Acne is a blight on the social and emotional lives of many adolescents, often leaving both physical and psychological scars. Acne also carries a financial burden, with chronic unemployment being endemic amongst sufferers, costing over 3 billion dollars per year in direct and indirect health care costs in the US alone. But how far have adolescents, physicians and pharmaceutical companies been willing to go in order to treat it? This project addresses this question by providing the first history of acne. Drawing on unpublished archival material, medical literature, media sources, drug advertisements and oral history interviews, it charts how acne became the subject of medical concern from the nineteenth century onwards and explores how physicians and patients understood its causes and treatments. It examines the way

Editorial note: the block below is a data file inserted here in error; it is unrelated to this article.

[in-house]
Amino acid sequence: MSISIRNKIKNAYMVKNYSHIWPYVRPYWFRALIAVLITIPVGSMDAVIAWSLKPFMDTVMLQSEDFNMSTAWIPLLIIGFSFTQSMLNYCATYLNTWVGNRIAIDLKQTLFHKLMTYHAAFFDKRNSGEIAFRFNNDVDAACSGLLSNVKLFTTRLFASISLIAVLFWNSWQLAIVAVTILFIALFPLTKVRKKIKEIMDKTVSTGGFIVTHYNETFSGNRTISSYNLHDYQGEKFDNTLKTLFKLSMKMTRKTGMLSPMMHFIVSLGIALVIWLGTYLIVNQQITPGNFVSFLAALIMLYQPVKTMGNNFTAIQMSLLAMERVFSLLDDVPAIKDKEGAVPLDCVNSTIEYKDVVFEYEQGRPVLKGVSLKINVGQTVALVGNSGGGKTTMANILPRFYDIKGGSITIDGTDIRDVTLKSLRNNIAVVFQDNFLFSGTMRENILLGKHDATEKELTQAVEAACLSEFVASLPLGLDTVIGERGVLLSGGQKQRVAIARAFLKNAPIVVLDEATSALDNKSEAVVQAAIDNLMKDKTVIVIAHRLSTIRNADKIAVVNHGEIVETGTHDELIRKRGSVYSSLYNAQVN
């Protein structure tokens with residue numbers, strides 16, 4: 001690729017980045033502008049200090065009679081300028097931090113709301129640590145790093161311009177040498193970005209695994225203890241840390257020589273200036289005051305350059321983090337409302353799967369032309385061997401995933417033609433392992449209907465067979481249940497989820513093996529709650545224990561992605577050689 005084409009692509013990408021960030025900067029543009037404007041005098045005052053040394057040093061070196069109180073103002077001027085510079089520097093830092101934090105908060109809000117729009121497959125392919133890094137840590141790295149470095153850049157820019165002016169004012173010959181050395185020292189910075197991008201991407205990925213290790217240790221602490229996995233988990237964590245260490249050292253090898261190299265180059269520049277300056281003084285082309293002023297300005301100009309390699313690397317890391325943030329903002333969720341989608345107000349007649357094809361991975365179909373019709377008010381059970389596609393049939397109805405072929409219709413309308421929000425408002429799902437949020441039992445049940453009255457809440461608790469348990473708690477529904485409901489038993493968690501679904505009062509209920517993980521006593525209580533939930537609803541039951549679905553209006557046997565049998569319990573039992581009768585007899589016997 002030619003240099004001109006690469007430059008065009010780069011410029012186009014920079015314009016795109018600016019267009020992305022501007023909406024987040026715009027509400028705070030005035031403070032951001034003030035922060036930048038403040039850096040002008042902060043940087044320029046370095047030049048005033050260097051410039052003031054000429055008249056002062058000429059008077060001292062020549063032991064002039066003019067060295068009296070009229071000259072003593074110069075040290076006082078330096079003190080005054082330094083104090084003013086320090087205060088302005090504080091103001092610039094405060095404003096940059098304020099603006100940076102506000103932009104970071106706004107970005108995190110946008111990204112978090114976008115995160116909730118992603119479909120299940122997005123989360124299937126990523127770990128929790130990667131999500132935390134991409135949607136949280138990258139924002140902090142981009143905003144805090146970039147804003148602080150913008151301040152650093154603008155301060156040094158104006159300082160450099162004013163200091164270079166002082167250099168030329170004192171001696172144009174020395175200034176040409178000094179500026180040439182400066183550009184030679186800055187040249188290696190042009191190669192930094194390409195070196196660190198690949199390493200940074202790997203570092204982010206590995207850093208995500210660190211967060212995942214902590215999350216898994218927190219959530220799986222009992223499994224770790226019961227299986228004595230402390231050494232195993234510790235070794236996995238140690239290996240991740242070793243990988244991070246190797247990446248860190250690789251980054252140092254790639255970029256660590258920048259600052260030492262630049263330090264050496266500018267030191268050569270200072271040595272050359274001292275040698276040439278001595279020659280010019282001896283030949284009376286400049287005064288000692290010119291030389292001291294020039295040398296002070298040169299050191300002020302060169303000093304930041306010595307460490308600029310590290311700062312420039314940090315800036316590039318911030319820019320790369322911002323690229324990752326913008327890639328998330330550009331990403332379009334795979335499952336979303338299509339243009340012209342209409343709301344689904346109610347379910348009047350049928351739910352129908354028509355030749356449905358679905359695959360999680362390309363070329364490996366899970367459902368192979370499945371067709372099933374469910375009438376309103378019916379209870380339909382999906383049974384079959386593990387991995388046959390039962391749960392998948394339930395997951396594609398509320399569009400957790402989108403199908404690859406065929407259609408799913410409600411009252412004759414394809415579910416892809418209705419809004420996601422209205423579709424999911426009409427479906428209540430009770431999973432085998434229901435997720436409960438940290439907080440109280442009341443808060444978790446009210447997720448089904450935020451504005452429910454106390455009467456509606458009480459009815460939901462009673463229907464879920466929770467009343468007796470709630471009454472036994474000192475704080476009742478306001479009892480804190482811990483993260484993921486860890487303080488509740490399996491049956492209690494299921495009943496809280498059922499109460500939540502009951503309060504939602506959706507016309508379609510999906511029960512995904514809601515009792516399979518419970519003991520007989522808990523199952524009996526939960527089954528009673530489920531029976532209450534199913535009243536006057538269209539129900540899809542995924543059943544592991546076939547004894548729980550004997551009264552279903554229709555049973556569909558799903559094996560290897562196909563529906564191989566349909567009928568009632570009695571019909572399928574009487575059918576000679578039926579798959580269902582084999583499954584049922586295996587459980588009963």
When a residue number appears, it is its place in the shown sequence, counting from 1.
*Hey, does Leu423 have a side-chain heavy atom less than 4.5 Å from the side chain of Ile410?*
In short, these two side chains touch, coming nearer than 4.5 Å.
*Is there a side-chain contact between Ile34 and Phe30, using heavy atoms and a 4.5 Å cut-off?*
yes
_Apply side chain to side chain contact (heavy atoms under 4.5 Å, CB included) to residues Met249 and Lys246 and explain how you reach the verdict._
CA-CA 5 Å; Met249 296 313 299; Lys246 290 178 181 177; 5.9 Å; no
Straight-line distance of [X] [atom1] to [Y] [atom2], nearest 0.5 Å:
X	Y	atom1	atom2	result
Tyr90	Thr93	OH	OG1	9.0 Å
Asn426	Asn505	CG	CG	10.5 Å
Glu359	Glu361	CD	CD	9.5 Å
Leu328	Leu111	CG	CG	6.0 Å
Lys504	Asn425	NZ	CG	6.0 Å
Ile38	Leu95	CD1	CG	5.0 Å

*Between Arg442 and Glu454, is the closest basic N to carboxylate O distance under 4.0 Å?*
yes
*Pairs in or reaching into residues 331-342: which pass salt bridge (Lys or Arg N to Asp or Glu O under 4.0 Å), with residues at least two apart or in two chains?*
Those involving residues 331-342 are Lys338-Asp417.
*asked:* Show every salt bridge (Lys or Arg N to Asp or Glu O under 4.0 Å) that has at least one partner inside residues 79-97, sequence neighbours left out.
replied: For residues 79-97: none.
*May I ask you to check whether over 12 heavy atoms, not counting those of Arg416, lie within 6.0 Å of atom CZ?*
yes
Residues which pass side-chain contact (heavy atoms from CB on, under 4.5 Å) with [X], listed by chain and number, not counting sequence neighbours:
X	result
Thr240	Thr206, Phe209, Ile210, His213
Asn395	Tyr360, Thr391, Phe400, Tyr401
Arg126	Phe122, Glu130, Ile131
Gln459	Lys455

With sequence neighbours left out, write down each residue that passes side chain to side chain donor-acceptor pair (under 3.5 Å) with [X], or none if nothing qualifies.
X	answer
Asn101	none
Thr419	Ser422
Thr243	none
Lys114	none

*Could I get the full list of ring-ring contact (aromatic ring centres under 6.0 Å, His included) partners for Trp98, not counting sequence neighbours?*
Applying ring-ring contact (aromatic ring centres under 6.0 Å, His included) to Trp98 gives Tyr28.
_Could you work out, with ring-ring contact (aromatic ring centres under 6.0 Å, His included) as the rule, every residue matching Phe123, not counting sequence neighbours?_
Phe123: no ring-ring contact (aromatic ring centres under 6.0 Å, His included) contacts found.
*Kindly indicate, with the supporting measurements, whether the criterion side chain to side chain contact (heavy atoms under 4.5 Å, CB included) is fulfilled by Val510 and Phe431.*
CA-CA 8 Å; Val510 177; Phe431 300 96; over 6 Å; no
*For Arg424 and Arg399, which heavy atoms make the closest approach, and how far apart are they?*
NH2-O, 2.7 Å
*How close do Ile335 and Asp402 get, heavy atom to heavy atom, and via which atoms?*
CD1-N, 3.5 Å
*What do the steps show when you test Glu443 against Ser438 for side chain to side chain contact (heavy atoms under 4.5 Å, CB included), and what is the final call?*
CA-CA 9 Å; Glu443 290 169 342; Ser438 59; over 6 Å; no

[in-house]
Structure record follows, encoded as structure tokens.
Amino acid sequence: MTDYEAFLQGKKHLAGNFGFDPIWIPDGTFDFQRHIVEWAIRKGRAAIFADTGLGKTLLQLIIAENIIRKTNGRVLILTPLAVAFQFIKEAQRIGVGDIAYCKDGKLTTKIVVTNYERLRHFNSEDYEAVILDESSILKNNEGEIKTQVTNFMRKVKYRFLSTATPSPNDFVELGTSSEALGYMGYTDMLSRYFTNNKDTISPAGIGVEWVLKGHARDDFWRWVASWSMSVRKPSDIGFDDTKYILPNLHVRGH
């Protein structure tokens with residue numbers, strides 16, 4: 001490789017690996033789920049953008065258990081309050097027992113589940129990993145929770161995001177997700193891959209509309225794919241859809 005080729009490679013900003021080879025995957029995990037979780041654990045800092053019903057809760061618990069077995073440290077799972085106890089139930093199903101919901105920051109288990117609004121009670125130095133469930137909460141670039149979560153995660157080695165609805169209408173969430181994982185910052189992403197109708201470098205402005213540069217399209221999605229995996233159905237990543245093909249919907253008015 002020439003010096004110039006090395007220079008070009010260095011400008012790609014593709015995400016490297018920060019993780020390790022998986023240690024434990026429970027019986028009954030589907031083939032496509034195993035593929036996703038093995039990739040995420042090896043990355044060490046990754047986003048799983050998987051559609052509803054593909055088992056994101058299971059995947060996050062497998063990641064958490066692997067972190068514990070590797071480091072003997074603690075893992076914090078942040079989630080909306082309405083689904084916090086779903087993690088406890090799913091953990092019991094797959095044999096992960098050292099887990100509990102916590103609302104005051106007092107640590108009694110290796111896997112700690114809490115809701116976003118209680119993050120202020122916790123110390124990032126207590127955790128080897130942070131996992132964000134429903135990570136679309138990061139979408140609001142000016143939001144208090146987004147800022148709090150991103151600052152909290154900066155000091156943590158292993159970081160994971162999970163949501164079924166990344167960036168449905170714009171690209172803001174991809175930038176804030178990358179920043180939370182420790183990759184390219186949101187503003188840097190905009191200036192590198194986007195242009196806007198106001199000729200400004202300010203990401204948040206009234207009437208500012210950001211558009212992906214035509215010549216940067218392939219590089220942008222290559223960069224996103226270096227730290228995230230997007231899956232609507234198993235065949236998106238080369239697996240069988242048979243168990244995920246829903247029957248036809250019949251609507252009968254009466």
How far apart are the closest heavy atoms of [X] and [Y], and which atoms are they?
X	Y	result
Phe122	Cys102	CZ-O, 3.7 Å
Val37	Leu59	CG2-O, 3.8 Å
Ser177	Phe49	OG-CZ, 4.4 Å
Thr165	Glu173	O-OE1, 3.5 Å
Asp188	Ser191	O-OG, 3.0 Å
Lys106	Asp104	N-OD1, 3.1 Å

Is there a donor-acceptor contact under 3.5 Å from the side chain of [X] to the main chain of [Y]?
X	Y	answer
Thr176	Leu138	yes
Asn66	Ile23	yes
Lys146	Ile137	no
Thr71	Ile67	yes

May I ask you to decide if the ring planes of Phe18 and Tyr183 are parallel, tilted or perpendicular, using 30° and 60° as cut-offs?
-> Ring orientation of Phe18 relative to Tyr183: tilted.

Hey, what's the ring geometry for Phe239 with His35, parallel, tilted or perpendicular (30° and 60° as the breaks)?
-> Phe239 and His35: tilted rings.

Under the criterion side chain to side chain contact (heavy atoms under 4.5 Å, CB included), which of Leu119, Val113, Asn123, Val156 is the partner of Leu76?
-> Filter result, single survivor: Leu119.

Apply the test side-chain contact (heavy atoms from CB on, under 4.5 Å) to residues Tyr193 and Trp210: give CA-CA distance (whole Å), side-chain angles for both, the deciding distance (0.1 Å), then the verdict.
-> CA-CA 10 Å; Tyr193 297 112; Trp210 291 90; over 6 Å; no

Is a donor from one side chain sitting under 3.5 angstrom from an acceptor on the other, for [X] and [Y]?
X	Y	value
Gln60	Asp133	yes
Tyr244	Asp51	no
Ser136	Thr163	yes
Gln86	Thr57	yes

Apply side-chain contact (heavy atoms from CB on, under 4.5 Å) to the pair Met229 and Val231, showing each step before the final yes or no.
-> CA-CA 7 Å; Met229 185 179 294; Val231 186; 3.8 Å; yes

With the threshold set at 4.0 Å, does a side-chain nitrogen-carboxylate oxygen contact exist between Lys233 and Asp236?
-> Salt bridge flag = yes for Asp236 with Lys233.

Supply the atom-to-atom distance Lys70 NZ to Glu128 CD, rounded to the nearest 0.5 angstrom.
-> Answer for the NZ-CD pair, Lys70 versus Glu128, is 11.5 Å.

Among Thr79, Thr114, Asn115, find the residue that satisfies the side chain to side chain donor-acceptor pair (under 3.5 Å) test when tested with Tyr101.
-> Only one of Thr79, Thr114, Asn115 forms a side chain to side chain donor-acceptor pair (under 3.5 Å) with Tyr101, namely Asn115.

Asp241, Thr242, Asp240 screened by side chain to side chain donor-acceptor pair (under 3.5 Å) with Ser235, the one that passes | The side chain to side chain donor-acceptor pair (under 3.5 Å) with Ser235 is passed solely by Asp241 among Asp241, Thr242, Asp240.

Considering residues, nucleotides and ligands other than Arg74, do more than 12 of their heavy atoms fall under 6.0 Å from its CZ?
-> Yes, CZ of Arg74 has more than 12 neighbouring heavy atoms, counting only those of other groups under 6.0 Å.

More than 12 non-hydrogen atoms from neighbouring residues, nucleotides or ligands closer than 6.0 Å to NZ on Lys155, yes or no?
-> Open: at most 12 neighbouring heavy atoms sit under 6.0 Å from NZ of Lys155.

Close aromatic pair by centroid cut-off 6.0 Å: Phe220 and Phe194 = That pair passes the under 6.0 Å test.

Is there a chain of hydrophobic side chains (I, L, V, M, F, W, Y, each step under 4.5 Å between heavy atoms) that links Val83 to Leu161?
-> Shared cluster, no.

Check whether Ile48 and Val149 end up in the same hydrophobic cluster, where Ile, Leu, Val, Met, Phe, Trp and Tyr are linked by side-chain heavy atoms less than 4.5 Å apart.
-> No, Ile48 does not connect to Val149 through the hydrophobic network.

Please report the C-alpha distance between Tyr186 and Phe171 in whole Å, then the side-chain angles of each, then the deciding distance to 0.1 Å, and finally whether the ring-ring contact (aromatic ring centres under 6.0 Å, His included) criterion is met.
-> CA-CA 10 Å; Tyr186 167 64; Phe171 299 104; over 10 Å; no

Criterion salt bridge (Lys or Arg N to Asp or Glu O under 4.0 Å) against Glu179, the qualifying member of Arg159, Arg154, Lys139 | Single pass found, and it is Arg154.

physicians and pharmaceutical companies turned to the perceived health needs of adolescent patients and analyses how the risks and benefits of teratogenic drugs like Accutane were perceived by patients and physicians. It promises to add to the emergent historiography of skin and adolescent health, as well as to our understanding of the lived experience of those with acne. Finally, the project will engage with ongoing debates in the UK about whether Accutane
(Roaccutane) should be sold in the UK and how drug policy should be informed more generally.
|Date of Award||11 Jun 2021|
- University Of Strathclyde
|Sponsors||University of Strathclyde|
|Supervisor||Matthew Smith (Supervisor) & Arthur McIvor (Supervisor)|